Ramp is important. Magic is a game of resource development. Spells are not free and the tempo of the game is bottlenecked by the casting cost of spells and your limit of one land per turn. Ramp allows you to break this parity, and trust me when I say that your opponents are going to use ramp. If you do not, or are not using enough, you will fall behind.

    Card draw is also very important. While duels can be and are won with little to no card draw, they also end with the winner at zero cards in hand or very few. In multiplayer, if you beat one opponent down and used all of your respurces to do so like in a duel, you will be left dead in the water with two or more other opponents who are ready to finish you off.

    Just as with ramp, card draw helps break the parity of only drawing once on your turn. Ramp will exhaust your rescources in hand, and card draw will replinish them.

    In competitive games, decks try to win on turn 4 or so. In casual games, turns 1-4 are often kmown as the development stage. Turns 5-8 are when threats and answers are exchanged. Turns 9-12 are when Most players hit their end game. Sure, some groups and games go longer, but at that stage, players tend to get knocked out and the end game is reached.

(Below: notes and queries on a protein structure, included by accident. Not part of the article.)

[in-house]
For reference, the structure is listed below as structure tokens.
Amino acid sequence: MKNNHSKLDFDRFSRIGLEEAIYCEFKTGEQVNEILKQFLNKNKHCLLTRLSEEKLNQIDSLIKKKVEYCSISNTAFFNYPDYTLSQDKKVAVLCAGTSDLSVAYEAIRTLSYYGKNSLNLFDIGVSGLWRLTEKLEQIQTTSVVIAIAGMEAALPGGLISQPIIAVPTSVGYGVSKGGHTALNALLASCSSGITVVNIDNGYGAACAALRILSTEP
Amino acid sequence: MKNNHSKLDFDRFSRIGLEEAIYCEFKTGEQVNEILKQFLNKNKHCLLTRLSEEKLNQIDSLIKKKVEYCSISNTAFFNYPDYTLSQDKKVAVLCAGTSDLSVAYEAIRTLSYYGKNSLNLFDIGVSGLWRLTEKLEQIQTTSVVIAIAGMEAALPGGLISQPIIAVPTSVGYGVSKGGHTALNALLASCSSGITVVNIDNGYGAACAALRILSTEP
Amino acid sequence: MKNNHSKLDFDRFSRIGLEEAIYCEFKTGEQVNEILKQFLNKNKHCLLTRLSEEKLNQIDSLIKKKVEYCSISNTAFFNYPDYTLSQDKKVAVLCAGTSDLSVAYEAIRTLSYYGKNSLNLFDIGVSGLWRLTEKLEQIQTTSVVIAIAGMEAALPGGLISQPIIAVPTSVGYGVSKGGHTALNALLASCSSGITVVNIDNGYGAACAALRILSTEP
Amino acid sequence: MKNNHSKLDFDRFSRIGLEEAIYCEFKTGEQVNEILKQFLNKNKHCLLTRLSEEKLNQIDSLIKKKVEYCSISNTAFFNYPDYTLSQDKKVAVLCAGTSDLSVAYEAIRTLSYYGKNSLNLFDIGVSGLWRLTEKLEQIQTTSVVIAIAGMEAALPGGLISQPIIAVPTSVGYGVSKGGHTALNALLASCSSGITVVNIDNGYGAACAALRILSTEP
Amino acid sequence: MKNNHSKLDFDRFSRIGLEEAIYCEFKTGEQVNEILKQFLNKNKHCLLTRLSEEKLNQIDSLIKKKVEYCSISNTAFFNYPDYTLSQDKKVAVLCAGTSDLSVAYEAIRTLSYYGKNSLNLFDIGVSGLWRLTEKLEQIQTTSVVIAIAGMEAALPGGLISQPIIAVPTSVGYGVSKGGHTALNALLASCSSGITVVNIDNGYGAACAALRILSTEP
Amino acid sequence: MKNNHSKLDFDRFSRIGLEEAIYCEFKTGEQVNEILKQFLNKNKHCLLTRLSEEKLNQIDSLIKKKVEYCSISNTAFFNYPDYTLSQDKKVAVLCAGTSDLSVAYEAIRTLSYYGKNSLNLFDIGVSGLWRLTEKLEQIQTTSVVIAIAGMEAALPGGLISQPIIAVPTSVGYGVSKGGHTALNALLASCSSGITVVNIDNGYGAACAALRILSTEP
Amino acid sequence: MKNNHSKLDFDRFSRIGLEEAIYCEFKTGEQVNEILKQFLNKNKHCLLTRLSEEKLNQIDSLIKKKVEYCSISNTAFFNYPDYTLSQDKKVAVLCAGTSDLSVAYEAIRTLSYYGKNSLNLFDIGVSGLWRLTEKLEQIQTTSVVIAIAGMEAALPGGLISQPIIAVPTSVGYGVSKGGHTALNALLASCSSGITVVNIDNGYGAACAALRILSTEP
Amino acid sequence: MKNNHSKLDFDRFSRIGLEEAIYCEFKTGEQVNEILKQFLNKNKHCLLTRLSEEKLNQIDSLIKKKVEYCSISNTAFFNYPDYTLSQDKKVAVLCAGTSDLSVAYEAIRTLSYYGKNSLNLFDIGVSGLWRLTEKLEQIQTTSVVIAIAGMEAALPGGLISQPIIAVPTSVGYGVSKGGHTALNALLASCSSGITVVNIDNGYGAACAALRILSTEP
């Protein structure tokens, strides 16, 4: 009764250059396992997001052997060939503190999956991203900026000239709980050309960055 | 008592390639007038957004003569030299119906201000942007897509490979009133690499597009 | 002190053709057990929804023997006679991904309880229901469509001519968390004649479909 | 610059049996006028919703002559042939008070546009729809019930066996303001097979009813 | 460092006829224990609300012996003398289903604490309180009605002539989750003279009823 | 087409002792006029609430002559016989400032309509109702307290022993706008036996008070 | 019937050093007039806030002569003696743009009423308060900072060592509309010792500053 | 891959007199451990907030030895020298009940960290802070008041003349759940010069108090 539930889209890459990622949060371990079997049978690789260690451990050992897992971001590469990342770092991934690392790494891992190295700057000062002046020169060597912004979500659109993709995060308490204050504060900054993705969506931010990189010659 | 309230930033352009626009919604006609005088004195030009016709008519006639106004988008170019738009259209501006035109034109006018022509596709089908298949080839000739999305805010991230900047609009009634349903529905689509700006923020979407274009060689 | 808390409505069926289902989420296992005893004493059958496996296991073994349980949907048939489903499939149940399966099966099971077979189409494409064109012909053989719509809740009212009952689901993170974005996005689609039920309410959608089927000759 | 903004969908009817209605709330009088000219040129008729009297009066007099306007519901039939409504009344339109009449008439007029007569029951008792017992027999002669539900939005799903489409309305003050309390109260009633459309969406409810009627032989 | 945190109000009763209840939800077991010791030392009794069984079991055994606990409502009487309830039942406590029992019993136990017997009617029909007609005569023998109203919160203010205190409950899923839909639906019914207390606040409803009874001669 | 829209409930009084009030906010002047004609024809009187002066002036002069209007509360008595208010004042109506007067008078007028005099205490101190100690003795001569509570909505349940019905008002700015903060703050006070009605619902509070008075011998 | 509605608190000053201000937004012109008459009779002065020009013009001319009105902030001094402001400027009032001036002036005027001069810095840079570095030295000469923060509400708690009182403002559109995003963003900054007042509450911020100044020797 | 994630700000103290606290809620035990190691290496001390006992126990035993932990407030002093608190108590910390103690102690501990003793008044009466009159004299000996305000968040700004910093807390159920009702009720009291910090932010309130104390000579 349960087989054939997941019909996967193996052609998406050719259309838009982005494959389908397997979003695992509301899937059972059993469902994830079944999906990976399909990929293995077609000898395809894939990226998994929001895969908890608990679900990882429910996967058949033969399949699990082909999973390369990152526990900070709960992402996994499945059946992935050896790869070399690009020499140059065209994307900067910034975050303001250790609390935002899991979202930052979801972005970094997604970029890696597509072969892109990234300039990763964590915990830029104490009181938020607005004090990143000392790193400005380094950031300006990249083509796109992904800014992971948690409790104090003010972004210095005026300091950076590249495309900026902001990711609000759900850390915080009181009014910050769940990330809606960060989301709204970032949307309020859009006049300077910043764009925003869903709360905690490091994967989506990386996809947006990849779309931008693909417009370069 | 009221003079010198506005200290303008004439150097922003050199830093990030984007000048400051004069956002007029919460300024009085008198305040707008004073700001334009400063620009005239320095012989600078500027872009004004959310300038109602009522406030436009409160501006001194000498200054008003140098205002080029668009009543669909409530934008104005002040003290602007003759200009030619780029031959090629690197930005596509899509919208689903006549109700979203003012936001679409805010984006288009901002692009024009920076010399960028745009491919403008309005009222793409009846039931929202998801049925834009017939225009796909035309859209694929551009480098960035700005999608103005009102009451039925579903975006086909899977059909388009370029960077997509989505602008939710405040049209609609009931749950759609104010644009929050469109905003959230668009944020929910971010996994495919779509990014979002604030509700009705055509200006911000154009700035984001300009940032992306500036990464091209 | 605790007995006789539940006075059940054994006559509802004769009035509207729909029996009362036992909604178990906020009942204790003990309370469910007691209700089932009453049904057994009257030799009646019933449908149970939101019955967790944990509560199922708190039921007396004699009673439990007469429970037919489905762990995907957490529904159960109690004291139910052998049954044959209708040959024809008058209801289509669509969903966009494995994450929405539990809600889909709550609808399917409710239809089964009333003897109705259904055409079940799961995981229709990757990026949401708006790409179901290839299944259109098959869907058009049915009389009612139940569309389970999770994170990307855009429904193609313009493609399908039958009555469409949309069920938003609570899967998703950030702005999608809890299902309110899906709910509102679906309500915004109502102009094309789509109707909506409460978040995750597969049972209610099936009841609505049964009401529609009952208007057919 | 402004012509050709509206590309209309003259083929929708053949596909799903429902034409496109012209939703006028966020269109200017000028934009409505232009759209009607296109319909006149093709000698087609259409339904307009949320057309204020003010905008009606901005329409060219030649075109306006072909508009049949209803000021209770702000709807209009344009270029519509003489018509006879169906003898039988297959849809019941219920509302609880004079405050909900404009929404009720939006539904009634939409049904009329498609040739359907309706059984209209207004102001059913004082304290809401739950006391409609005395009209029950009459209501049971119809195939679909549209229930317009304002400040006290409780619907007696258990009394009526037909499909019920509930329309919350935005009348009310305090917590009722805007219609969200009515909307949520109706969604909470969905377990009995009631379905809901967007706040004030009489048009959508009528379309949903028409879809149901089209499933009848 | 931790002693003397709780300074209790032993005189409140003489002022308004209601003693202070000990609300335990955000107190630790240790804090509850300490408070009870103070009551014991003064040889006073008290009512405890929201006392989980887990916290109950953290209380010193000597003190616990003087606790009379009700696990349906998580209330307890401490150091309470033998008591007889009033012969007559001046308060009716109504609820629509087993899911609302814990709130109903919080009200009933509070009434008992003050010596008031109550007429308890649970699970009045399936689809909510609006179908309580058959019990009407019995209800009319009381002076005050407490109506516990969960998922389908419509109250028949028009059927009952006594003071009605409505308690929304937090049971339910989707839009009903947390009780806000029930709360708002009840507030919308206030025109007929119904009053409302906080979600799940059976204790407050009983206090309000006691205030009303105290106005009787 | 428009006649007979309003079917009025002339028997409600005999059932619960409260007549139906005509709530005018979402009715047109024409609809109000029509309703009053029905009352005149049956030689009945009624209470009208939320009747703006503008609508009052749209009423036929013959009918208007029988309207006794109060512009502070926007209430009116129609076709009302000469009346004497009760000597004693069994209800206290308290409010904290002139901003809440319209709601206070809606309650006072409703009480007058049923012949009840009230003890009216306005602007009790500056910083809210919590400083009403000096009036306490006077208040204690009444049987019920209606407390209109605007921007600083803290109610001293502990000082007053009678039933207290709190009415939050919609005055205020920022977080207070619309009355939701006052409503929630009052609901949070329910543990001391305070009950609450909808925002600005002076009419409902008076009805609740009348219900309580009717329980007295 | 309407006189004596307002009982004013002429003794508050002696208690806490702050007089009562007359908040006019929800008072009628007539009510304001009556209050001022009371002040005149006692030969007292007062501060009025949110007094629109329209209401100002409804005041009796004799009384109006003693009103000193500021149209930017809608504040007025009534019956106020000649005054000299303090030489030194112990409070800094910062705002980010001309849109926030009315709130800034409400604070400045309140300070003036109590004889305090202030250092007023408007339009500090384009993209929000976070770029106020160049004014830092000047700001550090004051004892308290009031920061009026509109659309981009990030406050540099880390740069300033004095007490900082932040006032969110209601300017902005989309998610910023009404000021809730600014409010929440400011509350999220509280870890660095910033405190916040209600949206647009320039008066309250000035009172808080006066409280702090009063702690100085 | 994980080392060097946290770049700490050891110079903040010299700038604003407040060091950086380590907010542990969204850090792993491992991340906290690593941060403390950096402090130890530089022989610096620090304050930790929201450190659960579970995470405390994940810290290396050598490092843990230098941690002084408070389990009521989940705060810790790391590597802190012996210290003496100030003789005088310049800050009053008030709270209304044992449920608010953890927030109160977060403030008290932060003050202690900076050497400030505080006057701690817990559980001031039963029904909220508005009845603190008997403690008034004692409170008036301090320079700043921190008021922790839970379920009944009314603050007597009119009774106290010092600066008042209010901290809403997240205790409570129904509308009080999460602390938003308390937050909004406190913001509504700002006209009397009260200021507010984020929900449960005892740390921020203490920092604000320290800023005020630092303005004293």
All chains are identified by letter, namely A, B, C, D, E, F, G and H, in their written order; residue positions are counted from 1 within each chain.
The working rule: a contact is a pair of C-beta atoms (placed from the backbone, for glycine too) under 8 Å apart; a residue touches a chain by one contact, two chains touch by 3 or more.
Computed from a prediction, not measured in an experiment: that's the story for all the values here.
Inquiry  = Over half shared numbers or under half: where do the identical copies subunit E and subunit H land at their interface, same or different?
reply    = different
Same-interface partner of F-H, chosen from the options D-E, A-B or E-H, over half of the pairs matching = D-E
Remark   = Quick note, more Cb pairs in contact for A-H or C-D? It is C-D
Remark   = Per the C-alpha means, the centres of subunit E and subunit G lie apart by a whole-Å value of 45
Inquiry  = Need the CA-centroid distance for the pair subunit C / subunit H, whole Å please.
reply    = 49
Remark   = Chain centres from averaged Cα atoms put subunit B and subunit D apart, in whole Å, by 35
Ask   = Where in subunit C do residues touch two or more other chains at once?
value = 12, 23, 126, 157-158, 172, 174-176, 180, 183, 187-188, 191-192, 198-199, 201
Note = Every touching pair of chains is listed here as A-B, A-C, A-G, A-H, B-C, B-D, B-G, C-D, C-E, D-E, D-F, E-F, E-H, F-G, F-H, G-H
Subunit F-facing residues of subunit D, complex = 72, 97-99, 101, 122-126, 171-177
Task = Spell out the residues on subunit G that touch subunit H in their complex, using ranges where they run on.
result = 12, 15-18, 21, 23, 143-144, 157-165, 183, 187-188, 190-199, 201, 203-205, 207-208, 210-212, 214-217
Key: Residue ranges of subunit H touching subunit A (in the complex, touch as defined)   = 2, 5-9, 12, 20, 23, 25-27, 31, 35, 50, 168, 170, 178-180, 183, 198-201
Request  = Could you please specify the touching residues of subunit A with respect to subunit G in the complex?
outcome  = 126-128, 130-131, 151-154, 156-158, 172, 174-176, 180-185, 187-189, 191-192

Finally, and has been touched on by FunkyDragon, it helps to have plenty of low and mid cost spells. Sure, this is a format with big splashy plays, but as you will hear on The Command Zone, some of the most powerful turns are NOT those which one big spell was cast, but rather when multiple small spells were chained together.
    Posted in: Commander (EDH)
  • posted a message on Infinite mana combos in blue/red?
    Quote from DirkGently »
    Lol, the topic of the thread is "infinite mana combos" and reiterate + song + goggles doesn't generate infinite mana, in fact it consumes it. Even with cloud key it doesn't generate infinite mana (infinite storm, granted, but that's not the topic). With semblance anvil it does, though. Or arcane melee for that matter. So...why are we still talking about cloud key? Why are we *still* talking about goggles?

    Sure, it's possible that your opponents won't have 7 tapped lands between them, but it's really unlikely, let alone for multiple turns (If no one is casting anything you're probably doing alright, and if they're all draw-go control you were never resolving this combo anyway). And it's actually a straightforward 2-card infinite-mana combo, unlike whatever seething song + reiterate + cloud key(?) + goggles(???) + storm card monstrosity you're trying to construct. Which is *still* not an infinite mana combo.